[tor-relays] Amazon abuse report

Gordon Morehouse gordon at morehouse.me
Wed Nov 6 01:25:12 UTC 2013

Er, the quoting on my last post was incorrect, it should look like this:

> Kevin C. Krinke:
> >> On Nov 4, 2013, at 7:13 PM, Nelson <nelson at net2wireless.net>
> >> wrote:
> >> 
> >> I do believe there is a benefit to Torrents as many of us can
> >> attest to, ex: fast downloads of different Linux distros; but if
> >> your use of Torrents is in fact legit then why use Tor for
> >> downloading your legal content in the first place? This doesn't
> >> pass the smell test.
>     What about someone in a highly censored locale that wants to
>     download a copy of Tails or TBB without "them" knowing?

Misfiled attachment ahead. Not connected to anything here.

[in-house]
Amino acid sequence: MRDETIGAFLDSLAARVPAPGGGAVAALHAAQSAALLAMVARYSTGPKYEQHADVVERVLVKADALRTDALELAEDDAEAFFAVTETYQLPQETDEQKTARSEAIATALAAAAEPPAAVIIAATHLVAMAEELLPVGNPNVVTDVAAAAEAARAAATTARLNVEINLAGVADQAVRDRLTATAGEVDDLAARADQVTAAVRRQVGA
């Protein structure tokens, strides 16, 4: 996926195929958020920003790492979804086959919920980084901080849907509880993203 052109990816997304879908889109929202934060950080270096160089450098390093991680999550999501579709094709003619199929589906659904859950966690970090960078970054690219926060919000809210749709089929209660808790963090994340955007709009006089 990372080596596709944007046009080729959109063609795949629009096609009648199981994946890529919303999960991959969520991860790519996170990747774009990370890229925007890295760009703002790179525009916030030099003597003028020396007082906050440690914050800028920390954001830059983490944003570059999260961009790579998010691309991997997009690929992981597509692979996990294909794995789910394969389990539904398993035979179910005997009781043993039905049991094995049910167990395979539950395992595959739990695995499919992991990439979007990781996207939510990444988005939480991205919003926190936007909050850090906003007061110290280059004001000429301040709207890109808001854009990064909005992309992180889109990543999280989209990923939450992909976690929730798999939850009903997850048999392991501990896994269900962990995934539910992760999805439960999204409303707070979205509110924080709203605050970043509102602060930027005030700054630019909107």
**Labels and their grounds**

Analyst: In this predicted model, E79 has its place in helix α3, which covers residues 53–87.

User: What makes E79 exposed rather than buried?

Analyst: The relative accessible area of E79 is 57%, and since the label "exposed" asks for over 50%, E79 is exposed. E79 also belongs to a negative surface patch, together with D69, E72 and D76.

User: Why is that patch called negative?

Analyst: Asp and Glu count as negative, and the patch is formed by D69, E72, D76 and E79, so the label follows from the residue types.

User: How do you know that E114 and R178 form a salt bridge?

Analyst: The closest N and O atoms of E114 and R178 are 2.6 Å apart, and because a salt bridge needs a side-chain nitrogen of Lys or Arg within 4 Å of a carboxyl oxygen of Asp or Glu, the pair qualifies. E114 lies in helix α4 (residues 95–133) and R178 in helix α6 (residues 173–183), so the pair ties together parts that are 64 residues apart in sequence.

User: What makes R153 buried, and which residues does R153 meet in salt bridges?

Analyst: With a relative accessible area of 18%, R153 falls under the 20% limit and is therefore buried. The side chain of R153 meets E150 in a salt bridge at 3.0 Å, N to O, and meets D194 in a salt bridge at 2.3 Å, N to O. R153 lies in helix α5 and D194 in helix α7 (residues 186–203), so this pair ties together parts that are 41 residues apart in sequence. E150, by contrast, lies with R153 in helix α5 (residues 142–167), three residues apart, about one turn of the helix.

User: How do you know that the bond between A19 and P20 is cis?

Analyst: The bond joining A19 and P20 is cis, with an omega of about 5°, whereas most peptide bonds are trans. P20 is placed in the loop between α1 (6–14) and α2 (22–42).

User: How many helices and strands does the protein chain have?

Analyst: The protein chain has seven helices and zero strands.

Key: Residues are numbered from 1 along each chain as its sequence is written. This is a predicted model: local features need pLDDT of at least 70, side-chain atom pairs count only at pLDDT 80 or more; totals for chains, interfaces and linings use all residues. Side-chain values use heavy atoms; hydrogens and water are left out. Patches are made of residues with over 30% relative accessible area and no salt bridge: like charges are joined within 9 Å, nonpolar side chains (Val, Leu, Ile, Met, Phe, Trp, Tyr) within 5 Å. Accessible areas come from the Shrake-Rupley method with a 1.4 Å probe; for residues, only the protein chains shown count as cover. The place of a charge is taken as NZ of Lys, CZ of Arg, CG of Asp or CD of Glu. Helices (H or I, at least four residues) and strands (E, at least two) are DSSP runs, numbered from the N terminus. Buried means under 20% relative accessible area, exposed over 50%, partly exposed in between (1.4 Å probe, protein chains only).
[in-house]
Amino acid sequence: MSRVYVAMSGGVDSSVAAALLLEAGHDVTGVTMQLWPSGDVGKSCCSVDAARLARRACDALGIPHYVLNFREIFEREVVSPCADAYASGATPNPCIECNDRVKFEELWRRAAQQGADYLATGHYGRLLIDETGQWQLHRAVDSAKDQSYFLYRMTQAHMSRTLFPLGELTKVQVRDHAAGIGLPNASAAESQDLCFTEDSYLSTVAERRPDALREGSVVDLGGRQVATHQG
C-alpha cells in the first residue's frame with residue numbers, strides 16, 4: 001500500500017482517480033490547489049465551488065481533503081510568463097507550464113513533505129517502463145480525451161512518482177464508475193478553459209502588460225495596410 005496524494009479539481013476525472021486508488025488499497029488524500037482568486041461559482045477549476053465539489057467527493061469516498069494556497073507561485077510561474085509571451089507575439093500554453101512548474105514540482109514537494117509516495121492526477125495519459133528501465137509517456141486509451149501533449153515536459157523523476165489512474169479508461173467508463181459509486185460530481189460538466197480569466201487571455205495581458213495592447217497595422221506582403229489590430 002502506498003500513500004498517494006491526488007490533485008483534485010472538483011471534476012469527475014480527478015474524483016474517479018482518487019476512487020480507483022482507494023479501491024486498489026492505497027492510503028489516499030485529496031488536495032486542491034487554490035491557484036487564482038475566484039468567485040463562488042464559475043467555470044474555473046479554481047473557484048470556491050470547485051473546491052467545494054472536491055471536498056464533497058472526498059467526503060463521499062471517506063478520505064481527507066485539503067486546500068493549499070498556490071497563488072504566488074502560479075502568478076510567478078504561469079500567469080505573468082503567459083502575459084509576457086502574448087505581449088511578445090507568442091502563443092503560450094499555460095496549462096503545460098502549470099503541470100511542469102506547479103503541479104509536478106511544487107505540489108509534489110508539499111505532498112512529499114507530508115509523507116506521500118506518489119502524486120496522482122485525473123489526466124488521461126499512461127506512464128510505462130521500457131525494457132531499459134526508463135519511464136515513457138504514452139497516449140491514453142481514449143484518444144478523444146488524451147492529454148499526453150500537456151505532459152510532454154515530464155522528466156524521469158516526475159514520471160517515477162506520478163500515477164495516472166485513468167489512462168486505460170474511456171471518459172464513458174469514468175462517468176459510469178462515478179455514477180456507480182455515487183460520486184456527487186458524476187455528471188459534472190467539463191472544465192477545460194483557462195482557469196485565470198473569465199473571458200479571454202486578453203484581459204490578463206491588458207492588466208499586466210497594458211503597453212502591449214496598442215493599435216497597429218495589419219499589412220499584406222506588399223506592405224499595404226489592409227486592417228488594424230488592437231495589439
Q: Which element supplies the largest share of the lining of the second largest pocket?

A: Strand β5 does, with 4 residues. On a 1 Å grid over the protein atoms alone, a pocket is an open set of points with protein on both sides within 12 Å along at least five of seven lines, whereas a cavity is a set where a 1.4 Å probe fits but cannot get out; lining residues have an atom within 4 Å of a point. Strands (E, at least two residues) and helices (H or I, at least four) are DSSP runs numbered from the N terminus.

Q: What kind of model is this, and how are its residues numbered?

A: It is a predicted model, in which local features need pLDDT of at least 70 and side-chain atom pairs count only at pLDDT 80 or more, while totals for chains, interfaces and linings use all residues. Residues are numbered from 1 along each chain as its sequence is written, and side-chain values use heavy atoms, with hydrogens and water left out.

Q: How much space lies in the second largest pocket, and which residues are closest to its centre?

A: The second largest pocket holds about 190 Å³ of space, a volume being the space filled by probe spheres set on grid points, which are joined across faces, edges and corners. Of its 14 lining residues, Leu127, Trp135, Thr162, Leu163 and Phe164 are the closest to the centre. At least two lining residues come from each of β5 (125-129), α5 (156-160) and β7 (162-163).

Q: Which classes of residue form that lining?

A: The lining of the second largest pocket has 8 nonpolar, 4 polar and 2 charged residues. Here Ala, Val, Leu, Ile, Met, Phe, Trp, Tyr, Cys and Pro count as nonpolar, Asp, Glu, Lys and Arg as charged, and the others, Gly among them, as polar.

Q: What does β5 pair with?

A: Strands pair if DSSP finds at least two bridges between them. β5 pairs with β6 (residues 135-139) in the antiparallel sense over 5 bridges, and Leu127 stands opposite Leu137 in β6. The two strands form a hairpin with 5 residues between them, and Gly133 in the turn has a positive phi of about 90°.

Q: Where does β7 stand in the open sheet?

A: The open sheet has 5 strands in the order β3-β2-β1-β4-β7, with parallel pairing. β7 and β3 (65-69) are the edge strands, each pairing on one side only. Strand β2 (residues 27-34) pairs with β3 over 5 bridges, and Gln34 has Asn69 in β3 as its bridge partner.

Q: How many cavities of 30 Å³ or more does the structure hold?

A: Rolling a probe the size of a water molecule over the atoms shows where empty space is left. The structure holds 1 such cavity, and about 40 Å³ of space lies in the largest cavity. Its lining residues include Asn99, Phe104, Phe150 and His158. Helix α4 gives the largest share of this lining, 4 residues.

> >> +1 for restricting bandwidth
>     For the record, my exit node does limit the ports as per the
>     reduced exit policy [1] and I'd happily open it up wide if I could
>     throttle just the torrenting to a minimally-usable level. However,
>     I honestly don't think it's realistic to spend so much effort to
>     solve the throttling of torrents when those efforts could be better
>     spent elsewhere [2].

One could have a wide-open exit policy and then do adaptive throttling
of all the ports not on the ReducedExitPolicy, without censoring
traffic. This can be accomplished entirely with tools that are
outside of Tor, e.g. iptables.

Also, educating any of the bigger BitTorrent software providers
(uTorrent, Transmission, librtorrent, the knuckledraggers from Vuze
probably being a lost cause) to add a *configurable option* to look up
peer IPs in a Tor DNSBL and refuse to communicate them would reduce,
uh, supply I guess it would be. That's something that can also be
done pretty independently of Tor core development - i.e. somebody else
can spend the time to do it.

--Gordon M.

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